You don’t look old enough to be a parent

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Isn’t that such a strange thing to say?

I’ve had 2 people say that to me on separate occasions and I don’t know how to respond.

It was said completely innocently, as a compliment more than anything. But it confused me.

Technically we can have babies from as young as 11, and at 21 I am at the height of my fertility and physically the best age to bear a child.

So is the implication that I don’t look mature enough to be a mother?

I’m not going to dwell on this though, because really the intention isn’t malicious or judgemental and if anything is complimentary. And as I’m not self-conscious about having had a baby young, I’m not offended or upset. I’m just a little confused by why anyone would say this. It’s only in recent years that people have started waiting until their thirties and even forties to have babies, but no-one would ever be told they look too old to be a parent.

All I can say is, Hey lady, go down and tell that to my flat stretchmark-free stomach, tight vag and indestructible pelvic floor!

Love at first sight…

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I had been depressed in the pregnancy. There were days, before I got my reception job at the children’s centre, that I would cry for hours.

I think it was the night before my due date that I cried to Tim because I wasn’t excited about the baby being born.

In retrospect, I think that was why the labour was so hard. If I had been excited, the beginnings of labour would have been exciting. But I found every minute of it awful.

Once he was born though, and I lay there legs akimbo, once the adrenaline had worn off and the shock had subsided, as they stitched me up (and yes I farted) after a good few puffs of gas and air (which by the way does nothing for the pain) to endure injections into my actual fairy (after all it had been through!), as I lay there then, the happy high of birth rose in me and never left. The depression slunk off and we have all been happy ever since.

But I didn’t love him at first. I was very happy. I stared at him all day, I stroked him, I fed him, I rocked him, I nearly cried when he, screaming, had his IV removed, but he could be passed to anyone and I didn’t mind, I could have left him for hours (I didn’t) and I don’t think I would have missed him. I was very happy but he felt like a stranger that I had to get to know.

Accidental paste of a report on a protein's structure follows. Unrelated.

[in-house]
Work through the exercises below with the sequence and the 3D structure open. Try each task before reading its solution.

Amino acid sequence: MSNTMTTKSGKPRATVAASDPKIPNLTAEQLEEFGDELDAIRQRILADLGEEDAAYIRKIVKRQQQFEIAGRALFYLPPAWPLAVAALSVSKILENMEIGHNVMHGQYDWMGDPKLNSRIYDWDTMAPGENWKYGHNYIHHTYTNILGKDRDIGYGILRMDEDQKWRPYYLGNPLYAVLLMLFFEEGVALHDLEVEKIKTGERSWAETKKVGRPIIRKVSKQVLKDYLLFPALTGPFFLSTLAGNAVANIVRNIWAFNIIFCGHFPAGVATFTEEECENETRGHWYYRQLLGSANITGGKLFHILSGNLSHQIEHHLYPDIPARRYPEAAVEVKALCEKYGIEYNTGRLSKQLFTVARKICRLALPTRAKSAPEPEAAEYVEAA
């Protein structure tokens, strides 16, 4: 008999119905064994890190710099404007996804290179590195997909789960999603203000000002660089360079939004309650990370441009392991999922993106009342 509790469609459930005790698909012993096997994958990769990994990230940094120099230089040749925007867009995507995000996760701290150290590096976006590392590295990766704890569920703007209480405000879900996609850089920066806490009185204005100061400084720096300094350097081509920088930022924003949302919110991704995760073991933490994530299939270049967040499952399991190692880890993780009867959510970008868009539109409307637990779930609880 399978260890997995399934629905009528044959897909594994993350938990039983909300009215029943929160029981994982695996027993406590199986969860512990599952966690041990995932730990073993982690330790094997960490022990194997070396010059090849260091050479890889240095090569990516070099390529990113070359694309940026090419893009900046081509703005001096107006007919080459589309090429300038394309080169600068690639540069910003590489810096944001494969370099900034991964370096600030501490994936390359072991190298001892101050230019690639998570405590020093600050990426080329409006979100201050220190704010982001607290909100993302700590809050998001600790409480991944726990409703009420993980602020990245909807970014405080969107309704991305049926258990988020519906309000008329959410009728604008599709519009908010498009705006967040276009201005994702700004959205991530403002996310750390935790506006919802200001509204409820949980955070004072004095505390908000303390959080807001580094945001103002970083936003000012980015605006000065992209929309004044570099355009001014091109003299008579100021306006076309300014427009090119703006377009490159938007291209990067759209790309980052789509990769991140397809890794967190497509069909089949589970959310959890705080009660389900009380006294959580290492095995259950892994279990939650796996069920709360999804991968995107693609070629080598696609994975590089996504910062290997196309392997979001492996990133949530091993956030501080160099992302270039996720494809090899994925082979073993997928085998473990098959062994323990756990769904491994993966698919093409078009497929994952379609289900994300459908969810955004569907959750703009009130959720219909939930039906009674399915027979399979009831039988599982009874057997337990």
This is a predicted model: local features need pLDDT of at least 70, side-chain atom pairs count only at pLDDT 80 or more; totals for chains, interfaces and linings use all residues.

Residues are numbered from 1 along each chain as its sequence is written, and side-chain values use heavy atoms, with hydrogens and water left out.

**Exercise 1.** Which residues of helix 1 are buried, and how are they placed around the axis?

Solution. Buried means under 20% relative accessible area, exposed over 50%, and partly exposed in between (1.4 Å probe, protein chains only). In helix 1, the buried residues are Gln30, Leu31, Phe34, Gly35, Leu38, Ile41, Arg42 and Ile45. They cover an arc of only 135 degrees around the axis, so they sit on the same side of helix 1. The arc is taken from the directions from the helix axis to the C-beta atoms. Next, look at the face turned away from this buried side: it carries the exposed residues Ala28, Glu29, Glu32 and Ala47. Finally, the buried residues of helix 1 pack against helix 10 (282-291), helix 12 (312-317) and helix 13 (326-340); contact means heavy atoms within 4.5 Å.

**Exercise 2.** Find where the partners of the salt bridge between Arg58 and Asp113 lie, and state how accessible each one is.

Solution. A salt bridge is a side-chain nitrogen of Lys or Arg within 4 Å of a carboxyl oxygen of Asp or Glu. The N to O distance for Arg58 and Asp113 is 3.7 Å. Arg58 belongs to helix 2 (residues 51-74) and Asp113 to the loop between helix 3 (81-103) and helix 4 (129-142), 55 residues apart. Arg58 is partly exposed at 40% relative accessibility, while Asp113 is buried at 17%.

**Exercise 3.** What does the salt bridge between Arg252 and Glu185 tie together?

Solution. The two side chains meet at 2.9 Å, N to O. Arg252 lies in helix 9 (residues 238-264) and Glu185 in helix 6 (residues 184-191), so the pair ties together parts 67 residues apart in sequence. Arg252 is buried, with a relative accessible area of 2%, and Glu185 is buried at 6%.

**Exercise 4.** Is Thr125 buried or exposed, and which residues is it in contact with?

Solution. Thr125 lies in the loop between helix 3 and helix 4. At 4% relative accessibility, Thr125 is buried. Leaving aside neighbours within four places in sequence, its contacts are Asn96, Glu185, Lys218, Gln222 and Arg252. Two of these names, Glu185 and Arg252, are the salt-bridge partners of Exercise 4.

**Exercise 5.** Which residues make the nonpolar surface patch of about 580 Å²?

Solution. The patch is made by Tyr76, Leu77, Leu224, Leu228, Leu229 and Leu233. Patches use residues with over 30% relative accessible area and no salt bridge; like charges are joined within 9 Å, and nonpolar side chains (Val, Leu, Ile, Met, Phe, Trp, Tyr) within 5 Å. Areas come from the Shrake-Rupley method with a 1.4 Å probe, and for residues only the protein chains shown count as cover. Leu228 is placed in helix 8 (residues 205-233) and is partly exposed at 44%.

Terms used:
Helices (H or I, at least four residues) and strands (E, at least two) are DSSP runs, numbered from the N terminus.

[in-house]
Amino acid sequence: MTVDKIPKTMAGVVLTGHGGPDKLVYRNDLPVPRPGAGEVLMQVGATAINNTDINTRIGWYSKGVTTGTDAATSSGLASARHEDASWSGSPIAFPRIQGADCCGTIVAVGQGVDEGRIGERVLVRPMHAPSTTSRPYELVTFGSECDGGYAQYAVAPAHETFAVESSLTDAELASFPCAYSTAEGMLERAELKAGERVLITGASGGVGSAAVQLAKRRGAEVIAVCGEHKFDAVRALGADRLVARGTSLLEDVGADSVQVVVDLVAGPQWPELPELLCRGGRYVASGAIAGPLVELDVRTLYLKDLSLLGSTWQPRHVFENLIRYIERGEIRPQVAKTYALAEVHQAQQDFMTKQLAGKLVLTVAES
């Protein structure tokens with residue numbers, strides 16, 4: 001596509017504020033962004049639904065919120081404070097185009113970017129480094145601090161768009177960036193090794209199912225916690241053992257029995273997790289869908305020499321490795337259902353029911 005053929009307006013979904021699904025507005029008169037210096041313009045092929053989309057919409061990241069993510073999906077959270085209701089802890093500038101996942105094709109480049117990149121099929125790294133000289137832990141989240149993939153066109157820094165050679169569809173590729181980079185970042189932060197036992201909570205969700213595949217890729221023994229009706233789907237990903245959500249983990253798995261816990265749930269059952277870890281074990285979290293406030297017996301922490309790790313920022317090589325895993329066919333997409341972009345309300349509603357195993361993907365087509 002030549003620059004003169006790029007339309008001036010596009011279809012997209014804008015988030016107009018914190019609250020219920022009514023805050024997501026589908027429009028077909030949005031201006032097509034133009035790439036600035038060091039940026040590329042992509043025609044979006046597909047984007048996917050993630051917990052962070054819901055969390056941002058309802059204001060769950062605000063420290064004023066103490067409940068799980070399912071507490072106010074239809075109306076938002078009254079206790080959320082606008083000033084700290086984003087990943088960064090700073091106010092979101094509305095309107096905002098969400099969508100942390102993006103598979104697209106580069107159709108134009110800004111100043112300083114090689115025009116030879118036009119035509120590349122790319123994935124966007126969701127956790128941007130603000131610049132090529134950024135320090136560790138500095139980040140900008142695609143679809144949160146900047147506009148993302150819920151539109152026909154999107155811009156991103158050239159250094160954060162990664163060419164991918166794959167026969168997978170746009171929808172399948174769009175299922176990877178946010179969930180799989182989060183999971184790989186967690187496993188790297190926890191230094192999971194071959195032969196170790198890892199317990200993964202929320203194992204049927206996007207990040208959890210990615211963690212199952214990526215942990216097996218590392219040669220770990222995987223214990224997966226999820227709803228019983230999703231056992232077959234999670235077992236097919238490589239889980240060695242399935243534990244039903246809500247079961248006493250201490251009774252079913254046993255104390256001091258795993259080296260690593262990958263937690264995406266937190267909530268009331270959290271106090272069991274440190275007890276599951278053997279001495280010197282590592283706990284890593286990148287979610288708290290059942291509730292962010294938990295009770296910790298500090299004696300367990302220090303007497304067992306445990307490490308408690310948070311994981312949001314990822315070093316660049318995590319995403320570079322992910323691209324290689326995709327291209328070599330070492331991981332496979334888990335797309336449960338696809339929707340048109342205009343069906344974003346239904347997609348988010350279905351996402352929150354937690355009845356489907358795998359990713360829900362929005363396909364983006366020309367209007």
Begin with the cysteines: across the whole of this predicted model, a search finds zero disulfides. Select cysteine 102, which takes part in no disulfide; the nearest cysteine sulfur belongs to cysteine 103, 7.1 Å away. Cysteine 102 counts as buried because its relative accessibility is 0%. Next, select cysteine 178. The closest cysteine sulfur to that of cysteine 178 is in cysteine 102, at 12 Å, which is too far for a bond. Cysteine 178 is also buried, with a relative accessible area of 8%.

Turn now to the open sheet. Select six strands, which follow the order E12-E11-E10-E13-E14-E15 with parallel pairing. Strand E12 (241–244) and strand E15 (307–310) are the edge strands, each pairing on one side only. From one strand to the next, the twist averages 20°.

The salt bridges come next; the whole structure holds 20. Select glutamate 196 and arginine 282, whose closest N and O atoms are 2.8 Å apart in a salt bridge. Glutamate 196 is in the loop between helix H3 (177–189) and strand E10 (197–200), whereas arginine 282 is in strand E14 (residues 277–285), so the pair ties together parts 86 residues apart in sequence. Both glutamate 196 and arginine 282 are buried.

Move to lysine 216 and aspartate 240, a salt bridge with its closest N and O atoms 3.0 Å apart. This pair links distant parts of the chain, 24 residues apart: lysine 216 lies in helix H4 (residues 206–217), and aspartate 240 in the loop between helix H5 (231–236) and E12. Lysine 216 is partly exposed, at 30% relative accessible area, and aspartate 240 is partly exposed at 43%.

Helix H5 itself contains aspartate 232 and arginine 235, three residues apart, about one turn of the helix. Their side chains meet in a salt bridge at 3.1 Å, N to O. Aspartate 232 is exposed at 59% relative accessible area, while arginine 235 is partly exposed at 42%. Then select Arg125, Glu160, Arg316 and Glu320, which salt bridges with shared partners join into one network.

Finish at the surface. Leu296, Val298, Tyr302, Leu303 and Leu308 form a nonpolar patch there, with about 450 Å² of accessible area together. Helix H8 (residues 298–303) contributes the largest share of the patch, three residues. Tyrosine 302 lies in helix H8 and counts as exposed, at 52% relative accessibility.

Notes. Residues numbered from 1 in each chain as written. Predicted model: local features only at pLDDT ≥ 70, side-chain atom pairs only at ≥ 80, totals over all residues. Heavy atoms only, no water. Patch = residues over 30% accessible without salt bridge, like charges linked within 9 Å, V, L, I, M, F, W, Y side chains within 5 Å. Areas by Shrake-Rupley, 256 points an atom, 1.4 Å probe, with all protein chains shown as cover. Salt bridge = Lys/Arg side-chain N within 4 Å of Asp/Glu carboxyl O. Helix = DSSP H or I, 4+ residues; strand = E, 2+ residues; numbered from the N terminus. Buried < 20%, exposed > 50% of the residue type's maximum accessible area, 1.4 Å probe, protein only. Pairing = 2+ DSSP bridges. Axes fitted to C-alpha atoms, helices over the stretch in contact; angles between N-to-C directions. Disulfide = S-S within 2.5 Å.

He was a lovely little stranger. For the first 2 weeks he slept and woke only to feed. I spent every minute with him and watched him grow from tiny 6lb 10oz twiglet to a real chunky bubba who smiled and made gentle little sounds and screamed in rage when the boob didn’t arrive into his angry rosebud mouth fast enough.

Then one evening, when Tim was in Paris, I looked at him and cried because I loved him. It had taken about 6 weeks but the little stranger felt less of a little stranger and the love and fear had grown in equal measure, because they always seem to go hand in hand.

It wasn’t love at first sight, but it was really ok.

First few weeks into motherhood…

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5 weeks and 4 days into motherhood and it’s super chilled. From what I can work out so far, it seems to be

lots of sitting with a baby guzzling your tit as if starved even if was fed 30 minutes ago,

lots of jiggling around, rocking, swaying,

talking in a stupid voice, mainly to bestow poo congratulations (what a humongous Korma-like poo that just squirted into my hand, well done!),

and quickly dashing about when he is either asleep or with a family member

to scrub poo out of nappies, hang up the washing, and other important jobs

such as eating, showering and going to the loo.

Monday mornings are to watch Sunday night’s episode of The Handmaid’s Tale.

Friday mornings are to watch Thursday’s episode of Ambulance or to go to the Healthy Child Clinic at the Children’s Centre to get him weighed and then as soon as possible to watch Thursday’s episode of Ambulance and probably to cry because it’s such an emotional programme that restores any lost faith in humanity and is amazing and I love it.

Those are the big events of the week. I think that that sums up the first few weeks of motherhood. One day it took 4 hours to go to the park.

Pregnancy has prepared you for the slow pace of life. When pregnant I could sit staring into space doing nothing for hours and couldn’t focus on anything if I did try to be productive (isn’t growing a baby enough productivity!). Once I’d finished working my biggest jobs were household chores, and it’s exactly the same now except everything takes a bit longer because you have to keep stopping to pop the baby on your boob and to rock him to sleep or to stare at him for ages when he’s being awake and sweet and not needing anything.

I’m still struggling with the concept of playing God, bequeathing life.

But I will probably forever live life on the high of giving birth. Even though from the outside life appears absolutely deathly boring, I feel excited every day.